NOTE: We met our funding goal for this project in only five days! If you still want to contribute, read what our stretch goals are or head over to Practicing Ruby and hit the red "subscribe" button to become a monthly supporter for $8/month.
Because Practicing Ruby does have some monthly revenue, we're actually going to start the search for contributors and begin collaborating with them right away, rather than waiting for Kickstarter to pay us. Stay tuned for more updates!
Practicing Ruby has published nearly 100 in-depth programming lessons for intermediate and advanced programmers since November 2010. Some of our best works have been from contributors, and we'd like to make it possible to publish many more contributed articles within the next year.
The challenge we currently have is paying contributors a reasonable stipend for their work. Although Practicing Ruby does have a small core of paying subscribers who support the project, the amount of money we take in each month isn't nearly enough to support contributed works on an ongoing basis.
The goal of this Kickstarter is to fund the development and publication of ten new contributed articles. Contributors will be paid a $500 honorarium on successful completion of their article, and Gregory will provide up to five days of collaboration and editing time with each contributor to help make sure their article is in excellent shape before it is published.
100% of the funds we collect through this Kickstarter will be given to contributing authors -- Gregory's time will be funded by the subscribers who already are supporting Practicing Ruby.
If this Kickstarter gets funded, we will make an active effort to seek out potential authors from diverse backgrounds. A call for participation will be sent along to various organizations that support underrepresented groups in the technology world. Potential contributors include anyone with an interesting and deep story to tell that relates to Ruby programming, it is not necessary to be an expert in the field or a professional writer to contribute!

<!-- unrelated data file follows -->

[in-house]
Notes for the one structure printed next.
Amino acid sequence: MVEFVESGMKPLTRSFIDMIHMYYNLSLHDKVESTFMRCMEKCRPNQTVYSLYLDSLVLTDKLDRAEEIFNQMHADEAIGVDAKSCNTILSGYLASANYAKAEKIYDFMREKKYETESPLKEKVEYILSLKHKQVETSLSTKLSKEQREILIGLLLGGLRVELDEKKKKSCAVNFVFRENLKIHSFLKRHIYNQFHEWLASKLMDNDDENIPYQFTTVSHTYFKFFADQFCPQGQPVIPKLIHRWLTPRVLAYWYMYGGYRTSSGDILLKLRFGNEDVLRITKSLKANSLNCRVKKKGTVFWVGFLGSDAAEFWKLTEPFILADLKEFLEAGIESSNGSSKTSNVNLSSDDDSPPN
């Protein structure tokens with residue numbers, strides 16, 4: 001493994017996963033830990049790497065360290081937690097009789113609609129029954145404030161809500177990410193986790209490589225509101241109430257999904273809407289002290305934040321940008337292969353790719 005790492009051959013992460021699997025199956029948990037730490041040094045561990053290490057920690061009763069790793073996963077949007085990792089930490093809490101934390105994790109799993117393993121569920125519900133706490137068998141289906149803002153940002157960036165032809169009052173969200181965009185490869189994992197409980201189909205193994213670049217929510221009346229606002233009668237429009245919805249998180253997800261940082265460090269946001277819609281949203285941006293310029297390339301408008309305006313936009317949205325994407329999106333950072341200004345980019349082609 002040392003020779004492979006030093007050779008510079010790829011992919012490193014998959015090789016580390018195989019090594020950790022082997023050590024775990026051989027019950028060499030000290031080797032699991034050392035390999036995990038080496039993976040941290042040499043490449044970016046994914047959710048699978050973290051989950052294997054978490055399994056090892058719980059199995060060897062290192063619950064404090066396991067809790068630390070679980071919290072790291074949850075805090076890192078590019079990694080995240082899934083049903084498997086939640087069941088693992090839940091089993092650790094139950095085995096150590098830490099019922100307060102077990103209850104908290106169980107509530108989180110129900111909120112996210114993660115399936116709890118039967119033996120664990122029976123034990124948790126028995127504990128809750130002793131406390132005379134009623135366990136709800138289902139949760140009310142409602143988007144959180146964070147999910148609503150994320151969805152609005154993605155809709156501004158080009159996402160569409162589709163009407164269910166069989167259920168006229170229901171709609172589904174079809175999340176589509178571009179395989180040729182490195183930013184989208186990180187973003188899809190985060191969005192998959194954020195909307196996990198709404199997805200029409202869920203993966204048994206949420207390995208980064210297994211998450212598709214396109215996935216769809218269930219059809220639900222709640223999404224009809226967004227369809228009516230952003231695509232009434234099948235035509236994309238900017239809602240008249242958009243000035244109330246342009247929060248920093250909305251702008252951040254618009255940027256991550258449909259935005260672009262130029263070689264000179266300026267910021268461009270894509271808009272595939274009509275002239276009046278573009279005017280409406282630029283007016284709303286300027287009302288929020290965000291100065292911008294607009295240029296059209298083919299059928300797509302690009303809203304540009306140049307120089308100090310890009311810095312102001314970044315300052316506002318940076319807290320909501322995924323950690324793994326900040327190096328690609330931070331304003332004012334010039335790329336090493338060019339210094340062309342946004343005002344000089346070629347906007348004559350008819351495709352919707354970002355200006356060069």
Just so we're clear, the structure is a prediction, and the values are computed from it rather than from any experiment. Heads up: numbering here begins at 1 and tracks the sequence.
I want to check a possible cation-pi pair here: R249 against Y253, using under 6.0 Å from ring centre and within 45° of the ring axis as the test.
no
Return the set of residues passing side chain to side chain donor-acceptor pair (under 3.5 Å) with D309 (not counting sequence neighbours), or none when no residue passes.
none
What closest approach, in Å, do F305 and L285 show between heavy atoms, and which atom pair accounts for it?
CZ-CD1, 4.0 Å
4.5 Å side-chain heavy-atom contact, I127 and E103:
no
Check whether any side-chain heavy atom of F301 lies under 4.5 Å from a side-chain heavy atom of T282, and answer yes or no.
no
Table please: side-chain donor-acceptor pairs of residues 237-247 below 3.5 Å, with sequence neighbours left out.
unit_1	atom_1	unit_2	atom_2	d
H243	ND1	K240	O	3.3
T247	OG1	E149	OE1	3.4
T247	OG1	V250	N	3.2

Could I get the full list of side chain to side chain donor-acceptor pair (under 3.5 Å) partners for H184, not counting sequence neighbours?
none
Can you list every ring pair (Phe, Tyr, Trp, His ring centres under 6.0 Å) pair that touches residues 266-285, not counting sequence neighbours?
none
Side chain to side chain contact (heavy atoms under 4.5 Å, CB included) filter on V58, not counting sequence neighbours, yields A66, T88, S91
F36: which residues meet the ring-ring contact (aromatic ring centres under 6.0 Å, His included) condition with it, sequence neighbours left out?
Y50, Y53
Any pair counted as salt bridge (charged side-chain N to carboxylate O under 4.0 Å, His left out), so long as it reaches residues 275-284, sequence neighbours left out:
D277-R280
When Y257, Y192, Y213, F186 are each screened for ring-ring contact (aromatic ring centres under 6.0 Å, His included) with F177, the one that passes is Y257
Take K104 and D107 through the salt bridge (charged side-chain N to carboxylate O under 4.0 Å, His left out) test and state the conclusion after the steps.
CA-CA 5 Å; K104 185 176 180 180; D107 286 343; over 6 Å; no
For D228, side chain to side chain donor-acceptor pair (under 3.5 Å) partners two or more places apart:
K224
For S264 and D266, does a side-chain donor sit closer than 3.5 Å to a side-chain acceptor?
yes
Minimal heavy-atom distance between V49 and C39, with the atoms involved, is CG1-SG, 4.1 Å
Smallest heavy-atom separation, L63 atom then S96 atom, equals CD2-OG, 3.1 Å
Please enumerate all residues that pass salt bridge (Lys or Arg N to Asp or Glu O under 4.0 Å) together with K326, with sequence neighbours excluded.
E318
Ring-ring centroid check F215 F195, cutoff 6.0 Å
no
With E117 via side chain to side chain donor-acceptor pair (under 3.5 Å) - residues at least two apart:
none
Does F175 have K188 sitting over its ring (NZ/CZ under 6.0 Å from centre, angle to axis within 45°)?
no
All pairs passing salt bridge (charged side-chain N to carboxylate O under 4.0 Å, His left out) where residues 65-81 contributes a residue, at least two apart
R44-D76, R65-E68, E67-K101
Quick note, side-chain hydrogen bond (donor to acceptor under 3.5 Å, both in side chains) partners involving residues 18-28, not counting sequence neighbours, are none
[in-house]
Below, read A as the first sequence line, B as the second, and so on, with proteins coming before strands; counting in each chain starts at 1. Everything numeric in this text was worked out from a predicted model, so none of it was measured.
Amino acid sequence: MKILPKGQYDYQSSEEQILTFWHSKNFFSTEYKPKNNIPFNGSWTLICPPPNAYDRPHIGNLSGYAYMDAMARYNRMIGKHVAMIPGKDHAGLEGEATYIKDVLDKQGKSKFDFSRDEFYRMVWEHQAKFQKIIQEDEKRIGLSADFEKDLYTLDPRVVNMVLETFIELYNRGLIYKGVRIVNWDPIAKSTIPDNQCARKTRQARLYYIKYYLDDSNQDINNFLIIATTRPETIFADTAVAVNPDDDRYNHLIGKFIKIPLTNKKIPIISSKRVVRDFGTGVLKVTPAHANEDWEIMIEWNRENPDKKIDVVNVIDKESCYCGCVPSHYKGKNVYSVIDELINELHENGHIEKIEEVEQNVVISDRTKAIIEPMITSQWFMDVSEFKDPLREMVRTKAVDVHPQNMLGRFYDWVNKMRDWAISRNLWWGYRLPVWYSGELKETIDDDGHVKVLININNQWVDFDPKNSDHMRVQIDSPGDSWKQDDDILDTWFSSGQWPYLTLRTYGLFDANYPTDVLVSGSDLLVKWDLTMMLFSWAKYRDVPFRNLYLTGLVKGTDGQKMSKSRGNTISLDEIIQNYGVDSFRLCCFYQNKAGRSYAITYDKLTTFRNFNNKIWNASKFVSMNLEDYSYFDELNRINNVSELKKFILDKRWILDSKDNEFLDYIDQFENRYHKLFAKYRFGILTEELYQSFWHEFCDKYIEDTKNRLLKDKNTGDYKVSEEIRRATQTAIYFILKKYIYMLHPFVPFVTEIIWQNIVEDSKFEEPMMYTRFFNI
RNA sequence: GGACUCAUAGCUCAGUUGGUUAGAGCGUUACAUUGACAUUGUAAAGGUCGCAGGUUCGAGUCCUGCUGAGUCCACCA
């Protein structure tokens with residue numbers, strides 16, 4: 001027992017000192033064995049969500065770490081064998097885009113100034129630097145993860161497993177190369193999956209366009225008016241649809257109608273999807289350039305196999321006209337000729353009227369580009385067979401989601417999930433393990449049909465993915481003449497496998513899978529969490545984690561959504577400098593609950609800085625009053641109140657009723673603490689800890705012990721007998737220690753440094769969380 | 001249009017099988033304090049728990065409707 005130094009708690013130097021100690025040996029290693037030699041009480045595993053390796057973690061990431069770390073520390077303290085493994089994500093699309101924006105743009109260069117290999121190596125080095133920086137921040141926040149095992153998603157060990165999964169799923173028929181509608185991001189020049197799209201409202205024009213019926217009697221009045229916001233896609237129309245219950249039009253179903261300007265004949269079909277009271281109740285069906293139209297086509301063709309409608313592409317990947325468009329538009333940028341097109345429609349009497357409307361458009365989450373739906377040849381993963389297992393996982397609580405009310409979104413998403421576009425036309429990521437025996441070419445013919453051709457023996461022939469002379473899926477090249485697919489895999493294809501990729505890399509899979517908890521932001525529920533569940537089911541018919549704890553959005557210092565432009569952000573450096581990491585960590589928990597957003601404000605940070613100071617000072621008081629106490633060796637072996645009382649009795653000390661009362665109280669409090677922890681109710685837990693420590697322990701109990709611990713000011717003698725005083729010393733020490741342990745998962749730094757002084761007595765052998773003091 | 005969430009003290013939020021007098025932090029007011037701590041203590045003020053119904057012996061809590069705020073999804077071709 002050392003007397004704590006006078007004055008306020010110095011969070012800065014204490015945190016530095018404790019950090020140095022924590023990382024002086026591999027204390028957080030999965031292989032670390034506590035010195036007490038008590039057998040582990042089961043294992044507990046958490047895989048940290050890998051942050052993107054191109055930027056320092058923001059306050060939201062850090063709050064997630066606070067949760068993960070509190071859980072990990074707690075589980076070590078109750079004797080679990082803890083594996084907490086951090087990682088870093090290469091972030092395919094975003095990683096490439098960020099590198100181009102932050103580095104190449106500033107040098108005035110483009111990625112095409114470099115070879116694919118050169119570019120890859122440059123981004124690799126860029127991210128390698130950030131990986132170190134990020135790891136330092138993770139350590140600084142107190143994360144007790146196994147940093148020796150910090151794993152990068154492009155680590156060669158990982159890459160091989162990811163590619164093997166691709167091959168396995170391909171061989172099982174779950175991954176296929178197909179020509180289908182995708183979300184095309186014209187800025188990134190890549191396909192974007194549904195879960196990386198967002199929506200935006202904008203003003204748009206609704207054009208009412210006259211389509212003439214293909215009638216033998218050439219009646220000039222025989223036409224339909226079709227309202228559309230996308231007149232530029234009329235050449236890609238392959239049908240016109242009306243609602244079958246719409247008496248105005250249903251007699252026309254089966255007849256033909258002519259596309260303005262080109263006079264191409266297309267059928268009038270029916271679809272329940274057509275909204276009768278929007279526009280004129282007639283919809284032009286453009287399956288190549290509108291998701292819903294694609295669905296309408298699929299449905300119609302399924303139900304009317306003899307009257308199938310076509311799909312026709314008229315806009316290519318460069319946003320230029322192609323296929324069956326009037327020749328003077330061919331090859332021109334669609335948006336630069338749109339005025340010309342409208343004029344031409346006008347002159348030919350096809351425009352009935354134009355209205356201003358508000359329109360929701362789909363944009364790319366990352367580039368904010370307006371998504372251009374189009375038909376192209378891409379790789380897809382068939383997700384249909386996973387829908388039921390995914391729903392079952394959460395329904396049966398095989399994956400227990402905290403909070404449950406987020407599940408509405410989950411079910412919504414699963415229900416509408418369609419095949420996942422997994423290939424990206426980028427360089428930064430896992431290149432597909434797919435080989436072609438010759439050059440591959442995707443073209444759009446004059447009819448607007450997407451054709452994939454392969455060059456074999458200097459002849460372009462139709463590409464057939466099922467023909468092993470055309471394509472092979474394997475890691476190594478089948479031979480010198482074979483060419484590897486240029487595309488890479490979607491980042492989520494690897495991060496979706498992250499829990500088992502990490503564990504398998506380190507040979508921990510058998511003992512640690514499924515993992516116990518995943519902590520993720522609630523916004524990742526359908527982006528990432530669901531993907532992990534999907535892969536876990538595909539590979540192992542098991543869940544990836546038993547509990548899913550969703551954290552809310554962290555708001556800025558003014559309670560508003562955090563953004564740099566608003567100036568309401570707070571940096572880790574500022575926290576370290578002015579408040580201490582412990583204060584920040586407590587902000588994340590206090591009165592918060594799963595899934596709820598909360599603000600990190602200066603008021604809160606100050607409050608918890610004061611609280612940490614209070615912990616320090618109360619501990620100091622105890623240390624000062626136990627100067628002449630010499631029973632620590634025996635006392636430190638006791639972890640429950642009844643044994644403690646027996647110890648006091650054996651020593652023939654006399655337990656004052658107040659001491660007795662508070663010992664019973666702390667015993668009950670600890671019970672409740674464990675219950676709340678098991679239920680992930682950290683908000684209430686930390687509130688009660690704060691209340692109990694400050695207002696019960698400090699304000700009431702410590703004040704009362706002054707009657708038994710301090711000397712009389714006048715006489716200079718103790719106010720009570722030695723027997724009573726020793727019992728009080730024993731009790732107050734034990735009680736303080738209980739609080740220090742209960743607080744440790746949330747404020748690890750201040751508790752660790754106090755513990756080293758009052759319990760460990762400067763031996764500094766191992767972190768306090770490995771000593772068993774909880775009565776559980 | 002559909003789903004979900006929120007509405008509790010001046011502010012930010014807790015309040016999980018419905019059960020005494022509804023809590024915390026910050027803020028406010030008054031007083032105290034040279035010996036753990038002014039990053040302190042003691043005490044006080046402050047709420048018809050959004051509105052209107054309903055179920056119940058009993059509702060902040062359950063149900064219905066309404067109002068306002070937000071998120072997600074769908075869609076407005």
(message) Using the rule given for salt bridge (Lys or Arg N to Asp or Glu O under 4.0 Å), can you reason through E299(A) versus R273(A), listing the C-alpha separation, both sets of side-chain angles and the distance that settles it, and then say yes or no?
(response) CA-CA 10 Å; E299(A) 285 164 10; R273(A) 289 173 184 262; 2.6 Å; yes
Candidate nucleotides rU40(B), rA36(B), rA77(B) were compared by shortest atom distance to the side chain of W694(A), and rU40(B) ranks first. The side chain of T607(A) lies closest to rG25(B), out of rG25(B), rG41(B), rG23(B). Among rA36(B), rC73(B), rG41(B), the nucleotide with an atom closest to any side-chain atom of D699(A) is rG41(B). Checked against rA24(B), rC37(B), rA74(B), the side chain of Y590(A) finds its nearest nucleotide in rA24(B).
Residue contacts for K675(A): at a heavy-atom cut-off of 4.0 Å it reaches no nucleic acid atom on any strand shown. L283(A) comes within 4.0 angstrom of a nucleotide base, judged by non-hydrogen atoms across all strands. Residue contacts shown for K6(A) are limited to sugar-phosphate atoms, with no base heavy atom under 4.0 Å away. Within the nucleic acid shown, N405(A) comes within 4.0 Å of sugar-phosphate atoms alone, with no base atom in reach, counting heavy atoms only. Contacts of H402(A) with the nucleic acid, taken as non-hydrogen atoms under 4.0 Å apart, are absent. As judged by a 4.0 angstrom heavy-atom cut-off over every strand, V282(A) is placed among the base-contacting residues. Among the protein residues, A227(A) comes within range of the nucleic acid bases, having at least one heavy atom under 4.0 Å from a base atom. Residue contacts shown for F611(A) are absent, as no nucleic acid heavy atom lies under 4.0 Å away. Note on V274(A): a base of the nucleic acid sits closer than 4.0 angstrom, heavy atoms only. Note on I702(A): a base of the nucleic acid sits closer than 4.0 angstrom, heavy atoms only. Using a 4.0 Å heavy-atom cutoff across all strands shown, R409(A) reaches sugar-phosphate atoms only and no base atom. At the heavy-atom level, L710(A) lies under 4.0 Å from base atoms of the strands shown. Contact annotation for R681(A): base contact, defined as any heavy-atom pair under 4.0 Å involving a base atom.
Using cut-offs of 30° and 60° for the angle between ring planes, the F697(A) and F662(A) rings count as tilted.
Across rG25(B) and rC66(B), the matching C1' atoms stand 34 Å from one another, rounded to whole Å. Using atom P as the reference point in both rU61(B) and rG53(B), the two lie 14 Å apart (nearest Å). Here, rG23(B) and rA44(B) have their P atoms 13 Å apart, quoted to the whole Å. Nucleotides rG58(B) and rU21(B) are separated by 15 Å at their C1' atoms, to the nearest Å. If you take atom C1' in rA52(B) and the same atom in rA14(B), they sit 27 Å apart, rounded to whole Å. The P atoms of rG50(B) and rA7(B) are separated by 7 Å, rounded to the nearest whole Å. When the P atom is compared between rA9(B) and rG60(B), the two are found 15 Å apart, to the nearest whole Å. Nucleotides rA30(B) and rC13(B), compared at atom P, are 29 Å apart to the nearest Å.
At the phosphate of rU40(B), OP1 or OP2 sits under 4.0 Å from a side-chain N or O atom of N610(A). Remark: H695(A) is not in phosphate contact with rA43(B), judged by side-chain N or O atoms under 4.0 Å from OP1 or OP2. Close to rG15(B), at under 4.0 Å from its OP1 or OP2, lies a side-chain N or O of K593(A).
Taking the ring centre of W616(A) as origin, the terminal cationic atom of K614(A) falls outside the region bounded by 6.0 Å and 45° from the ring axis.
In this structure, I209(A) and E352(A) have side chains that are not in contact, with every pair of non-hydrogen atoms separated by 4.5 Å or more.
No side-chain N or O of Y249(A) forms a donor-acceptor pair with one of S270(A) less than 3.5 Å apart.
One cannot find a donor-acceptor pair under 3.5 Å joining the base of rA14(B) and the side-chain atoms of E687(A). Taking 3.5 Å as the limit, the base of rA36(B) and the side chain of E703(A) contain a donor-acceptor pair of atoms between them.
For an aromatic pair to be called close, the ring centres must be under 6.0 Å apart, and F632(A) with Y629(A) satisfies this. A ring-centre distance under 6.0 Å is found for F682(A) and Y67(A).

All works will be published under the Creative Commons BY-SA free documentation license, with source code and raw manuscripts made available for those who want to build upon the materials or remix them in some way.
Risks and challenges
Over the years, Practicing Ruby has published a total of 19 contributed articles, which represents about 20% of the content in our archives. However, not every attempt at collaborating with potential contributors has resulted in successful publication.
In the past, we've had a handful of contributors decide to not complete their articles mid-way through the process. We've also rejected a couple articles in the past, when we felt that the completed work didn't fit the overall theme of what we are trying to do with Practicing Ruby.
All in all, the success rate for contributions has been about 70%, and if we end up increasing the frequency of contributed works, there is potential for that number to get a little worse before it gets better.
When a work does get declined for publication but it is clear that the author completed a meaningful work, we usually offer the contributor a choice of taking their full honorarium, half of the honorarium, or not getting paid at all. Historically only a handful of rejected contributors have asked to be compensated at all, but this is a risk in that we may end up funding the creation of ten articles, and then only end up publishing 7 or 8 new works.
We make every effort to avoid this kind of situation, including helping authors with their research, their code samples, and their prose. But this is a risk worth knowing about it!
All that having been said, we have had overwhelmingly good experiences with the majority of our contributors, and they have consistently produced some of the highest quality and most-loved content in Practicing Ruby's archives. If you back this Kickstarter, that's what your money will go towards.Learn about accountability on Kickstarter
- (21 days)